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The Fearless Girl Needs To Lean In

In dollar terms, State Street's marketing gimmick failed.
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(Getty Images)

(Getty Images)

It's easy to get wrapped up in the escalating drama between Fearless Girl and Charging Bull of Wall Street. Rarely do the cultural politics of late capitalism offer us such a lose-lose conflict. Do we side with a cynical marketing ploy whose social politics, though muddled, are basically noble? Or a celebrated work borne of genuine artistic sacrifice that now carries the full symbolic weight of tedious male fragility?

Because these are your only options:

Arturo Di Modica, who sculpted the bull, wants the girl moved. He told reporters Wednesday that the girl changes the positive message of the bull sculpture, which is "a better America and a better world." His lawyer, Norman Siegel, said the girl's presence makes the bull "representational of male dominance and Wall Street" instead. Siegel called it copyright infringement, and said he's considering filing suit. [...]

Siegel also said that State Street Global Advisors, the company that installed "Fearless Girl," made money off the bull by running ads that included both sculptures, though the company has since omitted the bull.

Actually suing would be almost comically tone-deaf and petty. But we need to take a step back from the roiling gender politics of the artistic fracas and ask ourselves a deeper question. Namely, how was State Street's return on investment?

The answer is: poor.

The multitrillion-dollar bank commissioned the girl in a laudable effort to push corporate America's executive ranks to embrace a gender balance slightly better than a frat-party pregame crew or philosophy department. The centerpiece of the campaign was SHE-US – aka the SSGA Gender Diversity Index ETF – which invests in companies with an decent share of X chromosomes in their C-suites. (Though research tells us this is good for returns, SHE has trailed S&P 500 and Russell 3000 ETFs by about five points each over the last year. But that's neither here nor there.)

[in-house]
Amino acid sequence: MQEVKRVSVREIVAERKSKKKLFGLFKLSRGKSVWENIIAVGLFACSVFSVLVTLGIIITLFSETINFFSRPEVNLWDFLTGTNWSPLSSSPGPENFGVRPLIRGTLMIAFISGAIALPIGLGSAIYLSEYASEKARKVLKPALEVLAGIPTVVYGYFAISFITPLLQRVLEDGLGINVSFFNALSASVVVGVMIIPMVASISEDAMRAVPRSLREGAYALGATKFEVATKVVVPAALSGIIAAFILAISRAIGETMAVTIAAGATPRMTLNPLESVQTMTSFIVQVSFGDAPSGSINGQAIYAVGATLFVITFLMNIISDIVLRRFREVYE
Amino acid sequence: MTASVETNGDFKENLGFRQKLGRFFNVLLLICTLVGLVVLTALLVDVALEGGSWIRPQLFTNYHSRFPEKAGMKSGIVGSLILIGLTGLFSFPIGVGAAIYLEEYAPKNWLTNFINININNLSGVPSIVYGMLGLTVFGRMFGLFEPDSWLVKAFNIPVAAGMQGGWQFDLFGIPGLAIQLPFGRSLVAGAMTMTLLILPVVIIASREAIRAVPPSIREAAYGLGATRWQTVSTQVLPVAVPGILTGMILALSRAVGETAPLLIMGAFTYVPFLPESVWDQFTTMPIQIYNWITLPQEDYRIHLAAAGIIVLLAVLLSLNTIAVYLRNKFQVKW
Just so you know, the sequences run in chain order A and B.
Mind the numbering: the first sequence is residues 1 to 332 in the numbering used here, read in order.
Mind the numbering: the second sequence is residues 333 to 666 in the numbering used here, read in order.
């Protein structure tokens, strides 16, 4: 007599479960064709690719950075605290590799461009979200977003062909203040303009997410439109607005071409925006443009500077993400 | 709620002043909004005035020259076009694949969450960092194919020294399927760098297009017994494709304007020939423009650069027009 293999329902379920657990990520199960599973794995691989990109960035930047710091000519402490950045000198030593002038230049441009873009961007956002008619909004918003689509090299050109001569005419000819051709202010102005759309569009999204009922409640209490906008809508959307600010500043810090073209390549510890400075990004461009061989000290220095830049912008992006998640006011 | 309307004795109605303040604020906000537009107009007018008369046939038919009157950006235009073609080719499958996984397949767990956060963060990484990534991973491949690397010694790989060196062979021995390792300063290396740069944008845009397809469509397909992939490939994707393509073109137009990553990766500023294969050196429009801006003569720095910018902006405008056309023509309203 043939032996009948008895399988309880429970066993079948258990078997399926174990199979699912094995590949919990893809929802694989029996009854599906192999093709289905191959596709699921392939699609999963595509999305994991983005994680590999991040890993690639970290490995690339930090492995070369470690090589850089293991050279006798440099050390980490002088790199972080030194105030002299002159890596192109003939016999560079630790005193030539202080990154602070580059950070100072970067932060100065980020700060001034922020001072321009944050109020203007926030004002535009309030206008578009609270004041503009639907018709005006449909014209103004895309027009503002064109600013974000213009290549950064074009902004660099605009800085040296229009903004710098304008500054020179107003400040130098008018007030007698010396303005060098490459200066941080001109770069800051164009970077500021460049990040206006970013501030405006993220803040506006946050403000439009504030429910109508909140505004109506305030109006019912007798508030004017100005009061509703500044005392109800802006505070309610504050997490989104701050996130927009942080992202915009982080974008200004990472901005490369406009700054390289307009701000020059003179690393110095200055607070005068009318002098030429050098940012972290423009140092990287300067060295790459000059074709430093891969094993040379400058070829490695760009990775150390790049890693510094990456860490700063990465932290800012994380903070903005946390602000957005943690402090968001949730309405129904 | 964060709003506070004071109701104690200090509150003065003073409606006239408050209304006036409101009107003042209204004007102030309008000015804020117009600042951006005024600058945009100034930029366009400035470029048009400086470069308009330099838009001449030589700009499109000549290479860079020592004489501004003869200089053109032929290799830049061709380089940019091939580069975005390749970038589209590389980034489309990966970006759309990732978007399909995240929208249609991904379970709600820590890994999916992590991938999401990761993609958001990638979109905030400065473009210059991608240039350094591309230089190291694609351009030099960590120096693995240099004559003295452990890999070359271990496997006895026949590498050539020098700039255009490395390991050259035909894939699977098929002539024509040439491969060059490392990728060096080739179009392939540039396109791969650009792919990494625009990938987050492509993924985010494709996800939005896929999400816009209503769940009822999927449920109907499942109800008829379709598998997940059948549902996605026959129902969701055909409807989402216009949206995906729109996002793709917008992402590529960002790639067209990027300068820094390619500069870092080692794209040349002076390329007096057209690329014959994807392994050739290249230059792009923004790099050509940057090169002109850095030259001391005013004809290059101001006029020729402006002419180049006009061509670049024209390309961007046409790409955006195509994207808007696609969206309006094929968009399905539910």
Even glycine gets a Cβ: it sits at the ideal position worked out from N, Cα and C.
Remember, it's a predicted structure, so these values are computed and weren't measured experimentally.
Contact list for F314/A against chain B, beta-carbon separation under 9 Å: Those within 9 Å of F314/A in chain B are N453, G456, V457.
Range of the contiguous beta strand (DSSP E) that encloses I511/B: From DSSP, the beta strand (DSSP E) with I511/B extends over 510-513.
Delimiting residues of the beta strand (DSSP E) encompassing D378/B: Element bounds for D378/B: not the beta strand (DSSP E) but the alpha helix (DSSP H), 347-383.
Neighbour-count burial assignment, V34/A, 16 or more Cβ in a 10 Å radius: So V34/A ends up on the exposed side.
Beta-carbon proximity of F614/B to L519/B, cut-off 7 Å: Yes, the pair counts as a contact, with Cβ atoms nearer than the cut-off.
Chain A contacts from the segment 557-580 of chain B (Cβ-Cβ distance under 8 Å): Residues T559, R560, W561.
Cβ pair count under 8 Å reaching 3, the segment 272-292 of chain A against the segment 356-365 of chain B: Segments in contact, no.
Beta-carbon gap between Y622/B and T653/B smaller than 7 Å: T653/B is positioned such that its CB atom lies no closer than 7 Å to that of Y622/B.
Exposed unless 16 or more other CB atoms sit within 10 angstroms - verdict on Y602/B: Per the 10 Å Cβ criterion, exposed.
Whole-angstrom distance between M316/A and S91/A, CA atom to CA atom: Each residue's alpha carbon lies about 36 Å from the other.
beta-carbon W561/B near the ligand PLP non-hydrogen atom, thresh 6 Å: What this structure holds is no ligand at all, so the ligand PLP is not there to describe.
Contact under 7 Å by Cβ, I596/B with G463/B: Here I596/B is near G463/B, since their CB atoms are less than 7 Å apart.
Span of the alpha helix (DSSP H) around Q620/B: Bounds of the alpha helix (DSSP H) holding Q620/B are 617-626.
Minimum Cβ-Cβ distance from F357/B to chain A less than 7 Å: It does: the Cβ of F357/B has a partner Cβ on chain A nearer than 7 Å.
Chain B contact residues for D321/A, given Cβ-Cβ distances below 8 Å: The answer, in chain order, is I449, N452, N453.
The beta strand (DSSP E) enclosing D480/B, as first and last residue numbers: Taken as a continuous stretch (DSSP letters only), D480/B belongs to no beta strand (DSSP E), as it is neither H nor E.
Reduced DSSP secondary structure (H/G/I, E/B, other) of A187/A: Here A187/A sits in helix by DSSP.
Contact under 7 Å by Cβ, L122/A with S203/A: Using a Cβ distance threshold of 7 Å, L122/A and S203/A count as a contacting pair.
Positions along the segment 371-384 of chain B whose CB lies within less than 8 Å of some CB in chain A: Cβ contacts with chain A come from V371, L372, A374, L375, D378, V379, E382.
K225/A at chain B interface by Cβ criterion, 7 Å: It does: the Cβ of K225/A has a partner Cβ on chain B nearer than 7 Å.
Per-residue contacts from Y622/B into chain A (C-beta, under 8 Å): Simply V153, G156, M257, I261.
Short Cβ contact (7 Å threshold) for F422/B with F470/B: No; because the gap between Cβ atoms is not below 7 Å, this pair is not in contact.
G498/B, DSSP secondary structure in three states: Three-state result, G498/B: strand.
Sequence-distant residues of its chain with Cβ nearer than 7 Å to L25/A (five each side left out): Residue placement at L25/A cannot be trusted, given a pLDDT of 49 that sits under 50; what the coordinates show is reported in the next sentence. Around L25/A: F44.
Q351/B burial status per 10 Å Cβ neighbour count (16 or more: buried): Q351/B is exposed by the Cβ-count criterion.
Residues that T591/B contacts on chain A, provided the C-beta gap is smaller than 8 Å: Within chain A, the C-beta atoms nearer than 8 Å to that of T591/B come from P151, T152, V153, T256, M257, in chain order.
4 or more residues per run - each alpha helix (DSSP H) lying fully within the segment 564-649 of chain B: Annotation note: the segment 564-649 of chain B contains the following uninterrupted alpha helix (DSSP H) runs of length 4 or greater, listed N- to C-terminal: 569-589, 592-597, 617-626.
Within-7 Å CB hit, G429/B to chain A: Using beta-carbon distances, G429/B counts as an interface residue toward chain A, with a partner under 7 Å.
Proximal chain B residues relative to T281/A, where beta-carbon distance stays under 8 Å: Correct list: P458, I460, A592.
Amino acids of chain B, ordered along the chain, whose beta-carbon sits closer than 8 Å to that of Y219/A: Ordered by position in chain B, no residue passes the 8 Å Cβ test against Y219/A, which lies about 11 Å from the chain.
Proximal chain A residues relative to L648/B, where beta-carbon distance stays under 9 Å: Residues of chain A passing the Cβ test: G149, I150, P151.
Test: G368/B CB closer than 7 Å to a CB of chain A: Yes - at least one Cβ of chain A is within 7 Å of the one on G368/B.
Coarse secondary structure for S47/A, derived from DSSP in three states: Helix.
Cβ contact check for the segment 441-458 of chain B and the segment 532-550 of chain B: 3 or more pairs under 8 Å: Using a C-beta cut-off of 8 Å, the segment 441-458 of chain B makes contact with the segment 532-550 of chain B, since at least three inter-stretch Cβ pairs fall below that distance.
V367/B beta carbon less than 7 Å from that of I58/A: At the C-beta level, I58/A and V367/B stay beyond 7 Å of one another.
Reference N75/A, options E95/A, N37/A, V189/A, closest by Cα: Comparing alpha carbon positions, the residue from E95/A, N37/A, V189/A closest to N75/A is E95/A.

The Fearless Girl certainly did her job on the publicity front, attracting countless glowing headlines and gawking tourists. As a generalized feminist message to young tourists it does the trick. You can't hate on this:

But the investment fund the pigtailed statue stands for didn't do so hot. From FactSet:

ETF investors must have mustered their inner toughness, because very few opened their wallets for SHE-US. SHE’s March $3.2 million in inflows is not enough to keep pace in the hyper-competitive U.S. large cap equity ETF space. Had SHE-US grown assets as fast as the average U.S. large cap ETF, nearly $7.4 million would have flowed in this past month.

SHE-US wasn't alone. ETFs in the broader environmental, social and governance, trailed their soulless counterparts. Relative to their respective segments – large-cap equity, fixed-income, etc – do-gooder ETFs raised just 84 percent of what you'd expect based on their size last month. But SHE-US lagged behind even that.

The moral of the story is unclear. People seem to like the Fearless Girl. The city agreed to keep it up until 2018. Mayor de Blasio, referencing the Bull artist, declared that “Men who don’t like women taking up space are exactly why we need the Fearless Girl.” Yet for all that, State Street got nothing.

Yet maybe the problem wasn't that financiers ignored the symbolism of the statue. Maybe they paid it too close attention. After all, the investment thesis behind the ETF is that recruiting women to run companies isn't just good morally, but good financially. If that were the point of the Fearless Girl, then she should have been riding the bull, not standing athwart its path. She should be leaning in.

Standoff: 'Charging Bull' artist wants 'Fearless Girl' out of the way [CNNMoney]
March 2017: ETF Intelligentsia Snubbed [FactSet]


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